- Management of custom applications has become difficult to maintain. In a good SaaS implementation, custom applications can live synergistically with the "standard" system.
- Other business applications such as HR and CRM have moved into the SaaS world. Parts of your business database and software applications already live in the cloud.
ERP SaaS Cons
- Unrealized cost savings
- Opex vs. Capex
- Implementation issues
- Limited customization
- Security concerns
- Licensing issues
- Infrastructure issues
Moreover, there is controversy over purported SaaS cost savings considering capex vs. opex.
Capex (asset is a newly purchased capital asset or an investment that improves the useful life of an existing capital asset) vs. opex (operating expense for normal business operations) is how compute resource is paid for by the consumer of those resources. For example, if one uses a ERP SaaS service, payment is made on either a monthly, yearly or a highly granular level for the use of the resources — either time (so much per server-hour) or consumption (so much per gigabyte of storage per month). The consumer does not, however, own the assets that deliver those resources. The third party ERP SaaS firm owns the server, ERP application and storage machinery.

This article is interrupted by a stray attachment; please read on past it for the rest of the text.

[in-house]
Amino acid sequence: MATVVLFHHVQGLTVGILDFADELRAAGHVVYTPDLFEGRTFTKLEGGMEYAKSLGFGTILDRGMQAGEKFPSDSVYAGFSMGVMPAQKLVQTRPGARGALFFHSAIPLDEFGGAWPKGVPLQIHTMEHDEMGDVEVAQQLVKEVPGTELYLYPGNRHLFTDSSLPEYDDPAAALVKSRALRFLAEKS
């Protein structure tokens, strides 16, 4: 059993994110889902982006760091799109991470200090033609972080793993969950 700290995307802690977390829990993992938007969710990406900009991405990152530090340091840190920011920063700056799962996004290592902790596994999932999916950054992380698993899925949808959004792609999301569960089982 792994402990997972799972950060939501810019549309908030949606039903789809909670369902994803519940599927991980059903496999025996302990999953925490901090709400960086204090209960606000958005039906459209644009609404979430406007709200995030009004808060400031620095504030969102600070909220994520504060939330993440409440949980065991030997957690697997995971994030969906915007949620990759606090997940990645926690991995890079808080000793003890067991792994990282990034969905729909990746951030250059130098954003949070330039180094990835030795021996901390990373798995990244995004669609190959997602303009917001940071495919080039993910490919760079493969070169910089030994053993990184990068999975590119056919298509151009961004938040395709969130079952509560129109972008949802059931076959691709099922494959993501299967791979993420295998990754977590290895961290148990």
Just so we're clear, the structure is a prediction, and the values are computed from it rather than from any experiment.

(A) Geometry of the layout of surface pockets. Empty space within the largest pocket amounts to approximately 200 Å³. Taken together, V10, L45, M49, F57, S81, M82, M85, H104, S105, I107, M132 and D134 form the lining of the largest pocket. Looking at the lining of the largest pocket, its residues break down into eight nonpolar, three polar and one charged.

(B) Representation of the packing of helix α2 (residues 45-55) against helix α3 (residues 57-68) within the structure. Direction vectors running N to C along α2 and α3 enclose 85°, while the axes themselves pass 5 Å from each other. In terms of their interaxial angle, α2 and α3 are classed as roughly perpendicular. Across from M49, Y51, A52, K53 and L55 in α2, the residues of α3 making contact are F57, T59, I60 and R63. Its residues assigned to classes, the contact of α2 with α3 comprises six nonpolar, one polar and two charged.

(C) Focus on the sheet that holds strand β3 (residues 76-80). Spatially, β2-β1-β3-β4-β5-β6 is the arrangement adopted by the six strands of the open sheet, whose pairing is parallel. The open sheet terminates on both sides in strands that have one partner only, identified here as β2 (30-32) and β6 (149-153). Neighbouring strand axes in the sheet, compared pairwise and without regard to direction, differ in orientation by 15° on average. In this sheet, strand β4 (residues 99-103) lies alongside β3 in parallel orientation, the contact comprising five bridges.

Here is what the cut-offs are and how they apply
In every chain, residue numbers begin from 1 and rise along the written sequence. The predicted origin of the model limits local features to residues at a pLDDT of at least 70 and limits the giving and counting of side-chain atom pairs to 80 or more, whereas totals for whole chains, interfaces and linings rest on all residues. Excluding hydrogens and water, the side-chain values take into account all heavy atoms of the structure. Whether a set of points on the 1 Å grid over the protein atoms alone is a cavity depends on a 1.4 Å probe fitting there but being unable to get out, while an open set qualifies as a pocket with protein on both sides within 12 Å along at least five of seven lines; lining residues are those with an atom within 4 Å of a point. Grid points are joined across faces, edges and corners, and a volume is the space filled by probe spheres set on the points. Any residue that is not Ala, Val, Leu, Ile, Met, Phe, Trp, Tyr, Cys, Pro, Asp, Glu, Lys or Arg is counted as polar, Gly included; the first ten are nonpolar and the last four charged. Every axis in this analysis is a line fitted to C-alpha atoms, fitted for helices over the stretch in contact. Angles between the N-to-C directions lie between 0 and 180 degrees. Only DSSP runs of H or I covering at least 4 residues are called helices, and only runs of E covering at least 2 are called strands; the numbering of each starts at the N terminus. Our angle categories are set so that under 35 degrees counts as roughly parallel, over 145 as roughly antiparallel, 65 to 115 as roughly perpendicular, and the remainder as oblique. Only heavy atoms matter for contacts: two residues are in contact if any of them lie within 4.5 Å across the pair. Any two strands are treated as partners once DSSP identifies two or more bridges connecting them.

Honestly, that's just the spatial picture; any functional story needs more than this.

From an accounting perspective, owning an asset is considered a capital expenditure. It requires payment for the entire asset and the cost becomes an entry on the company's balance sheet, depreciated over some period of time.
By contrast, operating expenditure is a cost associated with operating the business over a short period, typically a year. All payments during this year count against the income statement and do not directly affect the balance sheet.